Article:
“Ol’ Paul, the Mighty Logger” was a favorite book of hers as a child, and Diamond said she tried to read the collection of tall Paul Bunyan tales last month after she decided to return it, but the stories didn’t hold up.

“The Paul Bunyan stories are all about exaggeration, like Paul Bunyan’s beard is so long, he combs it with a pine tree, that kind of thing, and he’s so big …” said Diamond, who has a doctorate in English from UW-Madison and is retired from teaching literature at UW-Whitewater.

“I started reading the stories, and I don’t find exaggeration and those things funny anymore,” she said. “I couldn’t finish reading the book. I was like, ‘Oh, no, not funny anymore.’”

Fees going away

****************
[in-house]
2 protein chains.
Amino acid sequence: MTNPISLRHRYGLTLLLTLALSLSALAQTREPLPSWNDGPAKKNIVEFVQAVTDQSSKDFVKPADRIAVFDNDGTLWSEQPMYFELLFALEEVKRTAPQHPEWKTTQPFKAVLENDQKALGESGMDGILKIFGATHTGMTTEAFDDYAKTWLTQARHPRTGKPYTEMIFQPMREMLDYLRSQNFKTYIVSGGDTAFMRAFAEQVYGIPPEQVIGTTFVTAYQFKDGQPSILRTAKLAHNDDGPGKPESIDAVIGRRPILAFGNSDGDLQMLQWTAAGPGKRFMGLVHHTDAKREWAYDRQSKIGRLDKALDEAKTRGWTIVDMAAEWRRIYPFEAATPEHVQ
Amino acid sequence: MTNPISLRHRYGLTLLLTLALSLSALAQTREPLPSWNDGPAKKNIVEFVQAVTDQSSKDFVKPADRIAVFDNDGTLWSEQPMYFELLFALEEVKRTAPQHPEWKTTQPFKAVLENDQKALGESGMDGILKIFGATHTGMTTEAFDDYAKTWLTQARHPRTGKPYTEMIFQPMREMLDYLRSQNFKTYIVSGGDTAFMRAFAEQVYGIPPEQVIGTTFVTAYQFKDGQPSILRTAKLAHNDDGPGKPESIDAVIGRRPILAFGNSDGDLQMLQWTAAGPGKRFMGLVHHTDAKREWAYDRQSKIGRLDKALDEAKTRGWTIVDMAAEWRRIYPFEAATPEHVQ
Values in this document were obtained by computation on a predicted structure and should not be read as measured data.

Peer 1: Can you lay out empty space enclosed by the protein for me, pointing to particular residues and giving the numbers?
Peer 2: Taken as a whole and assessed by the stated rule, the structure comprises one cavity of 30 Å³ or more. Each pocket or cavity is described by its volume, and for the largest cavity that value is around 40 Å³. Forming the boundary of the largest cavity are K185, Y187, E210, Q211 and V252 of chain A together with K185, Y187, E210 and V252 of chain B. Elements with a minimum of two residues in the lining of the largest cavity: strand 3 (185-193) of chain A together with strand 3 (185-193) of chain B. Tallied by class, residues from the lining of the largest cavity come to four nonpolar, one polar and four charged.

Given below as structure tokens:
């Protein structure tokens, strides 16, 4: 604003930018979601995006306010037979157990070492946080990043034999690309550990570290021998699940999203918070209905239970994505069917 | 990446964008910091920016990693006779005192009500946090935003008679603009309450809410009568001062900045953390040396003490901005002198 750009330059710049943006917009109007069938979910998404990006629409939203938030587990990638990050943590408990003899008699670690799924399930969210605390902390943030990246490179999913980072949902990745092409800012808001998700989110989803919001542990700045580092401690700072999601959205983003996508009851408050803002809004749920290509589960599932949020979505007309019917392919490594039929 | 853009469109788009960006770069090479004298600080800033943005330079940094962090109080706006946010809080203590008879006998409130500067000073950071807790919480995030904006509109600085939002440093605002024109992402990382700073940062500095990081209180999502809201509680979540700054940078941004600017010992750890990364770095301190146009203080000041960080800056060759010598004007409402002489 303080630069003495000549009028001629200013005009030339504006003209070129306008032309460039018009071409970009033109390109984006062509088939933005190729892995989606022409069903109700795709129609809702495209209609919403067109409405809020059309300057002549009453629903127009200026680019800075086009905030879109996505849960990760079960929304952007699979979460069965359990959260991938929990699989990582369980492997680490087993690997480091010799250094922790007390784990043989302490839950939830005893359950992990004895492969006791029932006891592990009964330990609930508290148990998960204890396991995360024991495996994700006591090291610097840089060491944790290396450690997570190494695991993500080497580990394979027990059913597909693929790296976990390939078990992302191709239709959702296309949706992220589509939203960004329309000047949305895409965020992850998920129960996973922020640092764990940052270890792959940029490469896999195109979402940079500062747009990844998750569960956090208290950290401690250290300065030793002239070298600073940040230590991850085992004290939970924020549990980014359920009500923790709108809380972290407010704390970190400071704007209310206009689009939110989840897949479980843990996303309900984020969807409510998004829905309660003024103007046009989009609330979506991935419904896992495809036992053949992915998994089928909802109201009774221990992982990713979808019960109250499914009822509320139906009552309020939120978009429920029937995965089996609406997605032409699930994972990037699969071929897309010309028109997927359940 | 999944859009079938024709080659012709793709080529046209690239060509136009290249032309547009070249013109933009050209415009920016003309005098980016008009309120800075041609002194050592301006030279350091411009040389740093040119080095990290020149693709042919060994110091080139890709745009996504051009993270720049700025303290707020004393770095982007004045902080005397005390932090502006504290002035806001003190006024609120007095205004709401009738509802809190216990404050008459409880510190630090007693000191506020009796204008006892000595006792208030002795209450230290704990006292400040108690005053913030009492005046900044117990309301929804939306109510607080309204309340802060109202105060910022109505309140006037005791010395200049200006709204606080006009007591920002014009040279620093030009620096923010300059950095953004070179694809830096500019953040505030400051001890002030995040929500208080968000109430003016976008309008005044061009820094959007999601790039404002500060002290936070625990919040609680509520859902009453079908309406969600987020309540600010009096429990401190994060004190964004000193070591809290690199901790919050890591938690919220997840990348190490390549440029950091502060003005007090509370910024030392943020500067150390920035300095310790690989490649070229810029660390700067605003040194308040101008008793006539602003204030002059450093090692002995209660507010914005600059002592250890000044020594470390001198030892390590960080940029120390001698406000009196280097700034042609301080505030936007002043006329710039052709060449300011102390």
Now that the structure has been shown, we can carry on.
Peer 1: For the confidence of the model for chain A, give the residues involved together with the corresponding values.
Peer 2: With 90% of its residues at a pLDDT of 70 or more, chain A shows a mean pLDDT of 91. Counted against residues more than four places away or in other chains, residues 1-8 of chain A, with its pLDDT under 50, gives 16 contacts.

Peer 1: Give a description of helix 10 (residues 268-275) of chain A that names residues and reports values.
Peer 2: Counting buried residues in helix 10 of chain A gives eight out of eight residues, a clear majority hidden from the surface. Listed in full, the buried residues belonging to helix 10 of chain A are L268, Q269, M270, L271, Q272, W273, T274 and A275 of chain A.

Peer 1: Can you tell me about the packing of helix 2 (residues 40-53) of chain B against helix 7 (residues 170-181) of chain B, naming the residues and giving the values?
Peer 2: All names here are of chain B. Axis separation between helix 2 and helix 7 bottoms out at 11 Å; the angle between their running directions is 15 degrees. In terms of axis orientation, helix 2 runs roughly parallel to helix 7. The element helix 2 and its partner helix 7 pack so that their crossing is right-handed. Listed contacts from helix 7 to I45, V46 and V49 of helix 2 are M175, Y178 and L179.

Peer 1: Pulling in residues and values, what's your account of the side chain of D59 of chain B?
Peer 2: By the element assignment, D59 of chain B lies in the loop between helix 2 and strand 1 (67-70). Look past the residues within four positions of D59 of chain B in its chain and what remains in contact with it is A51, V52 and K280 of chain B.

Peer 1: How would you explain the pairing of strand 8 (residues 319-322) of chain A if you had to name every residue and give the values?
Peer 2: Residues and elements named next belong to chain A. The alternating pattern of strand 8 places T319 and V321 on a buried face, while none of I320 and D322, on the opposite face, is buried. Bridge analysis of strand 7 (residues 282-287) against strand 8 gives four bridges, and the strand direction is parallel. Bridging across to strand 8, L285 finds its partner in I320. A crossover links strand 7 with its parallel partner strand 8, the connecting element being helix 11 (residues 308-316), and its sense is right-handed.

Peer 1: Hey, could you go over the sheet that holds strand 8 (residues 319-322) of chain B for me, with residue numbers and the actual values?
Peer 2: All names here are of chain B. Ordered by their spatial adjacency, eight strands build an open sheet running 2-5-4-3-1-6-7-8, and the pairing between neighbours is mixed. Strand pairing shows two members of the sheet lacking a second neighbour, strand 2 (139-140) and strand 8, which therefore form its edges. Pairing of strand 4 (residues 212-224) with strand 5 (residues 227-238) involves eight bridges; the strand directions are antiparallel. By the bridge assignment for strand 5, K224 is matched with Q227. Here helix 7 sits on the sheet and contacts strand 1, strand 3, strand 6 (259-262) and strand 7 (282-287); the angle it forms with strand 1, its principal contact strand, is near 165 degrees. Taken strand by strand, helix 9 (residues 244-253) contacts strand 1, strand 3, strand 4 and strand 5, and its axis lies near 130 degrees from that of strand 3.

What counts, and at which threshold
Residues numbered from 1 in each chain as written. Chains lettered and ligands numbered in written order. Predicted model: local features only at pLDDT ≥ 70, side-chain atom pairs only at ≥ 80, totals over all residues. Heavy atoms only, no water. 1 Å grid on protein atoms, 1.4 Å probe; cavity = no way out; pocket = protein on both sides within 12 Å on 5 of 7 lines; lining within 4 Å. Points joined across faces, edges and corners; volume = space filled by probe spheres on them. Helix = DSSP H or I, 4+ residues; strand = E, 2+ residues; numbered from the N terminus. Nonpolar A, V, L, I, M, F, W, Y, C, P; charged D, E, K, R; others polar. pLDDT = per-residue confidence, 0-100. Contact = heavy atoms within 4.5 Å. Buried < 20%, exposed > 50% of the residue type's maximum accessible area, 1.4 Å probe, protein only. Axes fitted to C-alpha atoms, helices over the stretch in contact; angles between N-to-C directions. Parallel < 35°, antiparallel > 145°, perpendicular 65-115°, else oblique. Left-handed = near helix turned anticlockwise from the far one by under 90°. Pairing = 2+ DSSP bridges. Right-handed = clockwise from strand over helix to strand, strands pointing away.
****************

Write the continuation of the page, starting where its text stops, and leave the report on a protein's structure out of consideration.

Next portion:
Since the pandemic started, all New York City library systems have waived late fees, and Nick Buron, chief librarian of the Queens Public Library, told The Times that there have been discussions about eliminating late fees altogether.

This summer, the Madison Public Library system joined a growing list of libraries eliminating late fees, in large part to ensure that lower-income people can continue to check out materials.

Madison had been considering the move to a fully fine-free model since 2019, and in August ended most fines and zeroed out overdue accounts, ending the use of a collection agency. The library had been charging 25 cents a day for overdue adult items.

The system continues to charge for lost or damaged materials, although it’s not using a collection agency to recover that money.

Tana Elias, Madison Public Library’s digital services and marketing manager, said Madison libraries routinely purge very old “lost” items.

Margaret Navarre Saaf, Madison Public Library’s borrower services manager, said lost and/or damaged charges don’t stay on the library’s books forever. The library routinely purges charges that are under $100 and more than 10 years old.